To you and me, the meaning of the word “temporary” is generally clear. It means something short-lived that we expect to go away sooner rather than later. But not when the folks in Washington use the word.
Consider the “temporary” telephone tax Congress imposed to help fund the Spanish-American War. If you check your history books, you’ll see that the war lasted from April to August of 1893. The tax, on the other hand, survived into the second Bush Administration.
Another “temporary” law, one intended to speed the commercialization, expansion, and consumer adoption of new technology is set to expire at the end of 2019. The Satellite Television Extension and Localism Act Reauthorization (STELAR) should be allowed to fade away, but political pressure being applied by the parties who benefit from it most may unhelpfully keep it alive.
Not only have growth in the satellite television industry and advancements in technology made the continuation of STELAR unnecessary, it may never have been needed in the first. It was enacted just about 30 years ago to provide a significantly discounted compulsory copyright license to give satellite companies the right to import out-of-market network television signals into a local market. The alternative, forcing their retransmission to local broadcast stations over the air, was financial prohibitively and technologically challenging.
These rules were supposed to give satellite television a boost in their push to compete with the cable giants. It worked. Today, DirectTV is worth $235 billion, Dish is worth $17 billion, and both networks offer just about every programming option available.
Letting the STELAR Act expire wouldn’t be the end of the world. No one would have missed the final episode of “The Big Bang Theory” or the “Game of Thrones” finale (although the Twittersphere suggests a lot of folks wish they had) because screens would not have gone black had the expiration date already been reached.
What would go away are:
- The discounted compulsory copyright license for satellite retransmission of distant (or imported) broadcast signals to “unserved households.”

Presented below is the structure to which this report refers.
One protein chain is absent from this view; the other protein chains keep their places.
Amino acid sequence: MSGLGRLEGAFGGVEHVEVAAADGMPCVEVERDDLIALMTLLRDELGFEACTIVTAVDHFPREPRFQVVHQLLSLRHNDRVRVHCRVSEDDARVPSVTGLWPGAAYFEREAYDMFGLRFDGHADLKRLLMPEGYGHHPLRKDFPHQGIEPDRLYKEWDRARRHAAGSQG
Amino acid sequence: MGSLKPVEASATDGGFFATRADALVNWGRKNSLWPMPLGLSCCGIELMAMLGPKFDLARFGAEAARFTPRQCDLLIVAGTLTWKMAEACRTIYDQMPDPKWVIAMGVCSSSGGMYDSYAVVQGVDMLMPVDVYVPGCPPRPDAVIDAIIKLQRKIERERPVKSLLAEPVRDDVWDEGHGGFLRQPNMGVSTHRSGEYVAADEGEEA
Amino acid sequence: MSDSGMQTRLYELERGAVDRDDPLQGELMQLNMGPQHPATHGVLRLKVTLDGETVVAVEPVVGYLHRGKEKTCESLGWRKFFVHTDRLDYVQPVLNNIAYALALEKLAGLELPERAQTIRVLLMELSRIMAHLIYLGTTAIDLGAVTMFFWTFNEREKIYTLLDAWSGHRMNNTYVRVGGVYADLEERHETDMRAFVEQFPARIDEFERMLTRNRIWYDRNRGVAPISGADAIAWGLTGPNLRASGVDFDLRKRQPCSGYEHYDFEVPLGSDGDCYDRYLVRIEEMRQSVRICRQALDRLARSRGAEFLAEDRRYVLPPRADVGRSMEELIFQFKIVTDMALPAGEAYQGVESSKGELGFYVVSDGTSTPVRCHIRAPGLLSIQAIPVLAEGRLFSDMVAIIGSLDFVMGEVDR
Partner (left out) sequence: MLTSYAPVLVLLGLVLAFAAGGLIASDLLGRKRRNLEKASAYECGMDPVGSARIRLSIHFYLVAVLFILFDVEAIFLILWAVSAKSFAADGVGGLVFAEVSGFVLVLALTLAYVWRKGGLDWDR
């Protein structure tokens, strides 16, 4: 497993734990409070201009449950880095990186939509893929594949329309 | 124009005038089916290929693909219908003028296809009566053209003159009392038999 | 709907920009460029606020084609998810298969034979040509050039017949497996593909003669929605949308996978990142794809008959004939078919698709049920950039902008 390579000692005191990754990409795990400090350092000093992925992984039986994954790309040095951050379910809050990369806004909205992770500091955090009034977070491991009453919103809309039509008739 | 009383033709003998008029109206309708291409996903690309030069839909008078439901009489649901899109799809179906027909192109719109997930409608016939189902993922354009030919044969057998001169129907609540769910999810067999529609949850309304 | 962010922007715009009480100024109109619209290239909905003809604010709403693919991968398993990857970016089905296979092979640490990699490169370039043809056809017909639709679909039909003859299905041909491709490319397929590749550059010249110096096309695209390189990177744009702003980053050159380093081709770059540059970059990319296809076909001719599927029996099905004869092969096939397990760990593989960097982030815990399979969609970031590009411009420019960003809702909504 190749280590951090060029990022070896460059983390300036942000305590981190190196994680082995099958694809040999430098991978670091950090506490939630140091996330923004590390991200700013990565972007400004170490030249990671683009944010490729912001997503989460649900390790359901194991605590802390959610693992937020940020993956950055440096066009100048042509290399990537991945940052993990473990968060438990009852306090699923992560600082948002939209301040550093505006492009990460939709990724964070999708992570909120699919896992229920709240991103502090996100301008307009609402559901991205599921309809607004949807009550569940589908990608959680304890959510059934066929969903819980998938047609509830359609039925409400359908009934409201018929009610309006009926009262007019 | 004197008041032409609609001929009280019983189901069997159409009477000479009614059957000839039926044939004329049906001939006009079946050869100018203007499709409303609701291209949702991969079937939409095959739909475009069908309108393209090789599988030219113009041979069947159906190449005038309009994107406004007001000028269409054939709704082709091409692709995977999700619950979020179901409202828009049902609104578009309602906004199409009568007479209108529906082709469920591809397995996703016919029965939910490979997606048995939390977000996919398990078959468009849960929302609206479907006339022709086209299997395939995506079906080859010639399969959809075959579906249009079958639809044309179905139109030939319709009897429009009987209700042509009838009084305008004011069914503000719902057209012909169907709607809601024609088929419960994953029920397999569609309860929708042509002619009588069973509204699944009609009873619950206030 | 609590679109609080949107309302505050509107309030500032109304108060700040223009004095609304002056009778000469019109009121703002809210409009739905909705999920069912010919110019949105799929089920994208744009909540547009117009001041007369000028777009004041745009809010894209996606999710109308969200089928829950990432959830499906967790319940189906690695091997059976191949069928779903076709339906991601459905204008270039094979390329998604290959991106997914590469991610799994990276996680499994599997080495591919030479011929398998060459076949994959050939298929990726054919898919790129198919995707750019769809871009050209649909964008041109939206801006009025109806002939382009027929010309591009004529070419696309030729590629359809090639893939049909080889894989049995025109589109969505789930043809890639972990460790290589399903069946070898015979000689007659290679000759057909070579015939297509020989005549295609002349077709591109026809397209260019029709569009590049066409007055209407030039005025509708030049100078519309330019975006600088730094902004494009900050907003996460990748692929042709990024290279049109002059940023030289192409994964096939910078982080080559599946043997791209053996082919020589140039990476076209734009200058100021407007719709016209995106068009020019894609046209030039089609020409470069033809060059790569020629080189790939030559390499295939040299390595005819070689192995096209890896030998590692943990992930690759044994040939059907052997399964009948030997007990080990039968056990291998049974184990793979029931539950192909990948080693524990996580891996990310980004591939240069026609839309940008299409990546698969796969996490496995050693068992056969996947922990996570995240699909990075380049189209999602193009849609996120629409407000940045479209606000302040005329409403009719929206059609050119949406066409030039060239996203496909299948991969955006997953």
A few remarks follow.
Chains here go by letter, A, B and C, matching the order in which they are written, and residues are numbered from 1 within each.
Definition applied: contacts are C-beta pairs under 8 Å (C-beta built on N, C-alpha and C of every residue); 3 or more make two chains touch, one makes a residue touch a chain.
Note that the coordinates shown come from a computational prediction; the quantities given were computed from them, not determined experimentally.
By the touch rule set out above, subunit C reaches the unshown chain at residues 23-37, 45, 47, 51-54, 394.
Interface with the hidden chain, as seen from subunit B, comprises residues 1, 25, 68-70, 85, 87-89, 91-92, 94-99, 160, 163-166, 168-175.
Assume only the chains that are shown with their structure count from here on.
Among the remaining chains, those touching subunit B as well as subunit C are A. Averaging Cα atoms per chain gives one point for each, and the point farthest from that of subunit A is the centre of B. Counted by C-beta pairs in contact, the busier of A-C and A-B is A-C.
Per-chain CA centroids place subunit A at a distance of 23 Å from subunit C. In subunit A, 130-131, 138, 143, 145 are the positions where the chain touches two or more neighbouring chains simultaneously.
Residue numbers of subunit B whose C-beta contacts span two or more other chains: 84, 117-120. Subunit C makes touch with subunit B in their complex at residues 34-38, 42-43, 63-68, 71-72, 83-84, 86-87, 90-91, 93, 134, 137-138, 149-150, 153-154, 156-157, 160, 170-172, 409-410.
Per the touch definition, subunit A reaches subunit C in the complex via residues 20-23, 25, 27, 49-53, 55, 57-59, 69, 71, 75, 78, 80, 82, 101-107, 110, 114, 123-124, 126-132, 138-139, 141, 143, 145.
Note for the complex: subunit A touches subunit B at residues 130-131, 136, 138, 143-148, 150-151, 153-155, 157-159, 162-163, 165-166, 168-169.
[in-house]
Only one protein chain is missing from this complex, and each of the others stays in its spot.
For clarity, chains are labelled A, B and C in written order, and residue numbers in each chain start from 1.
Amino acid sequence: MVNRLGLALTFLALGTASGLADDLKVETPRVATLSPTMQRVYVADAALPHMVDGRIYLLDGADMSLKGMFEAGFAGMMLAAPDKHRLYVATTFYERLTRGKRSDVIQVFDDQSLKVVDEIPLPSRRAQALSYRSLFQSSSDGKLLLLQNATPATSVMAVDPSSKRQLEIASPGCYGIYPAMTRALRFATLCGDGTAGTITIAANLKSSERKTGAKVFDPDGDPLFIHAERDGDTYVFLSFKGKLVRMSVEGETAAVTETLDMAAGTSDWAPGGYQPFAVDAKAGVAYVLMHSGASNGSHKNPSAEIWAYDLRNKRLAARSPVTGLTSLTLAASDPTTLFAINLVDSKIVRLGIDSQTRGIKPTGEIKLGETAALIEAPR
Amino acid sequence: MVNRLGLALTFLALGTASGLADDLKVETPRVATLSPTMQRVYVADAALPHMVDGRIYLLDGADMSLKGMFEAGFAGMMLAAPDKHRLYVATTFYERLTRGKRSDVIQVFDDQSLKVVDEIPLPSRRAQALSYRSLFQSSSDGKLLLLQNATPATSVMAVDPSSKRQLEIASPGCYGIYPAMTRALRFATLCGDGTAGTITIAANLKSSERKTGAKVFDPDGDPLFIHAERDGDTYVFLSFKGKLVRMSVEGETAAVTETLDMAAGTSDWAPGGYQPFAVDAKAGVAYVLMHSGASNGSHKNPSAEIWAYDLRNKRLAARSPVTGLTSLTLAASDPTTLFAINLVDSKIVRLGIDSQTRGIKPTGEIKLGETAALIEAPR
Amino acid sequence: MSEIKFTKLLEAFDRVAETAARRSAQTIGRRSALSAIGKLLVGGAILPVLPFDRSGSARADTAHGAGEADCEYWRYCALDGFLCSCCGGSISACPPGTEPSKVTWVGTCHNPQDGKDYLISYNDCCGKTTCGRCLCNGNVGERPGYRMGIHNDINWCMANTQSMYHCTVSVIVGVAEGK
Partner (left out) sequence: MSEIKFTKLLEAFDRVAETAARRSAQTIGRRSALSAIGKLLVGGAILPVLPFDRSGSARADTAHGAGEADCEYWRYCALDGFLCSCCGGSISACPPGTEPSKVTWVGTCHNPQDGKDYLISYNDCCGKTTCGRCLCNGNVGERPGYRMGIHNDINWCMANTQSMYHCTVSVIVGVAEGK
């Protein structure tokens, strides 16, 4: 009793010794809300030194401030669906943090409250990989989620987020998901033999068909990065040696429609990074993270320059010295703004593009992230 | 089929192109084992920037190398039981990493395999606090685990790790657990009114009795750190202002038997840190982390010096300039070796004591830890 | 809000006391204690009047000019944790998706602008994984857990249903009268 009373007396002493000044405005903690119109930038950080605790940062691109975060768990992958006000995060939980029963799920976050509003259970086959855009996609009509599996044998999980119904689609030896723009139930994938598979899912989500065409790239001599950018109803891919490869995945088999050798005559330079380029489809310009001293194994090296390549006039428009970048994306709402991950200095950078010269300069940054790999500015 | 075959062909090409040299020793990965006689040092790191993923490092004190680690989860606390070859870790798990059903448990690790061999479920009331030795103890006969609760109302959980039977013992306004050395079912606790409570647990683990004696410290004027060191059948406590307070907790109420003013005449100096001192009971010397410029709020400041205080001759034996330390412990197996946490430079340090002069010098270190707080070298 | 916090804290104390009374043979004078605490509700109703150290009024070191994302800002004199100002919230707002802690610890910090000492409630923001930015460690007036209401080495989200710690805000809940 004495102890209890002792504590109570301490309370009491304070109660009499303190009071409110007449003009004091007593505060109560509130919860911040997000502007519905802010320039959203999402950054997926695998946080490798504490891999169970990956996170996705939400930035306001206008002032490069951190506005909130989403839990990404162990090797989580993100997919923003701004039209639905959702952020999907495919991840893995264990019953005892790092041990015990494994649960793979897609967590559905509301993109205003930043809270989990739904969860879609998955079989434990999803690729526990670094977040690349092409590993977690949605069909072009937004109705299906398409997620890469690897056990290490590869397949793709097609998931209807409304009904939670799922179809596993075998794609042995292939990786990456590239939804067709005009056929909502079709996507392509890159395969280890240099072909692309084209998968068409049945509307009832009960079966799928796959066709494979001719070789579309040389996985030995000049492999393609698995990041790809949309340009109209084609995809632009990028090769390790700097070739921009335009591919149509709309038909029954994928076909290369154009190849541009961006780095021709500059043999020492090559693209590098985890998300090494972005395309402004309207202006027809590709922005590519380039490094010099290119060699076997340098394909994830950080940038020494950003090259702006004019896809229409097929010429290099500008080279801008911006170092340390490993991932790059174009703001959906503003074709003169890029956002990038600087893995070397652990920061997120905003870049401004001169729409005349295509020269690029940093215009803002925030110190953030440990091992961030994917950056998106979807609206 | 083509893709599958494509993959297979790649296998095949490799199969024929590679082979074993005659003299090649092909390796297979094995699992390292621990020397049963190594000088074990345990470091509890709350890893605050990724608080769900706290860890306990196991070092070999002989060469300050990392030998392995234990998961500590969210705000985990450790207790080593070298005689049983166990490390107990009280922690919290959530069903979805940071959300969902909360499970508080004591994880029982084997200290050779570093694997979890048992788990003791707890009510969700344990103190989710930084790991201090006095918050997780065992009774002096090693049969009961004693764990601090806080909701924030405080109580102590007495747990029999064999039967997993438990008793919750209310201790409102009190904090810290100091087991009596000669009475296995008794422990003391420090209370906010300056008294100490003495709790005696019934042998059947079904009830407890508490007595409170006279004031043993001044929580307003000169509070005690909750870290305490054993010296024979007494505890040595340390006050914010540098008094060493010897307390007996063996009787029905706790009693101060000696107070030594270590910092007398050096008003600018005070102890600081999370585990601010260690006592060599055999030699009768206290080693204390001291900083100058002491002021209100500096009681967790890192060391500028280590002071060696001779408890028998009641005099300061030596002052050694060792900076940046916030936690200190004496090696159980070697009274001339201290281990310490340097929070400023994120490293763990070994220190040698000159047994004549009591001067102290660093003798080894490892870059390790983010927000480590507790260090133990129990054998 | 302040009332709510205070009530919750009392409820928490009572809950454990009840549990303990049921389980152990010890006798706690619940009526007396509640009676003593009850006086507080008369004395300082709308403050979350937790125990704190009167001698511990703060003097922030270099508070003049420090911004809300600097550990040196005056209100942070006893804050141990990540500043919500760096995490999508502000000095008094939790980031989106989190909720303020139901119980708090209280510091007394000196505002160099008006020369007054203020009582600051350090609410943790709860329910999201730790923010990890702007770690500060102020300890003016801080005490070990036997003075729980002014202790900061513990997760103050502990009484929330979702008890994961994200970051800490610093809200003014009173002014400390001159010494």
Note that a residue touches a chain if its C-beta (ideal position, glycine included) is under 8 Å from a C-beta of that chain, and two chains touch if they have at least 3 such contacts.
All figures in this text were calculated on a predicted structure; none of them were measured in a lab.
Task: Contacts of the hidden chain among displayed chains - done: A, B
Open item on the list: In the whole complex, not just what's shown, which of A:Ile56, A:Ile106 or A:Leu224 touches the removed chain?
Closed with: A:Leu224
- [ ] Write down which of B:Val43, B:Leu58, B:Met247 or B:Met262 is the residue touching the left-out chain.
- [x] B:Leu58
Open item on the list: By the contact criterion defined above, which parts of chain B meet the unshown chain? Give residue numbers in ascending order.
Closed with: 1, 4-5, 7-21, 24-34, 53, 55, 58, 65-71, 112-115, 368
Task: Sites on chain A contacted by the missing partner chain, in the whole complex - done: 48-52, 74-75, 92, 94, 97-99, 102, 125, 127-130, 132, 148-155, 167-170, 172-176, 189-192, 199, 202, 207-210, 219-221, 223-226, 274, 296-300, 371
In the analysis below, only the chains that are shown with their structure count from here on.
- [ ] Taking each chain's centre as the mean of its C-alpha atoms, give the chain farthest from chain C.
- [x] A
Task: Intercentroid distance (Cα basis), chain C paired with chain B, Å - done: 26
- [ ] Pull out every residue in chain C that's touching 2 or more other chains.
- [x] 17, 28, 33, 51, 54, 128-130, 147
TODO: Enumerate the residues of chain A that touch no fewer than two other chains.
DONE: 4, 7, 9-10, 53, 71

- A corresponding exemption from retransmission consent requirements for the carriage of these out-of-market network signals by satellite TV providers.
- The requirement broadcast TV stations and satellite and cable TV companies both negotiate carriage of local broadcast signals in good faith.
According to the broadcasters, the number of satellite television subscribers who’d be impacted if the law expires as intended is now down to just about half a million. And there’s every reason to believe consumers in those markets could find other ways to pick up network signals, either by taking them down over the air or as the beneficiaries of private arrangements between providers and broadcasters.
This corporate to corporate stuff shouldn’t have any impact on what almost every viewer in America can watch. In fact, without STELAR, it might give individual communities a lift since the incentive for satellite carries to offer network affiliates from outside the coverage area instead of local news goes away. The playing field, as it were, becomes level.
It might have made sense at the start. The satellite companies were small and there were lots or policymakers who thought creating an alternative delivery system to compete with the cable companies was a good idea. Maybe. But only on a temporary basis until the competitors had achieved a kind of economic equilibrium and consumers who chose satellites over cable for whatever reason could still get their favorite network programming.
Technology is changing things faster than any of us might have believed possible at the beginning of the decade. Phones and cord-cutting have changed the way we watch programming. Netflix, Hulu, Roku, and YouTube have changed our viewing options forever, making a lot more shows available to us then was the case when the STELAR Act was conceived and signed into law.
Mature, multibillion-dollar satellite companies don’t need crony capitalist legislation protecting their interests, especially when those interests include denying consumers local news, weather, sports, and emergency information. It’s time to let it go.
Peter Roff is a senior fellow at Frontiers of Freedom and a former U.S. News and World Report contributing editor. Follow him on Twitter @Peter Roff.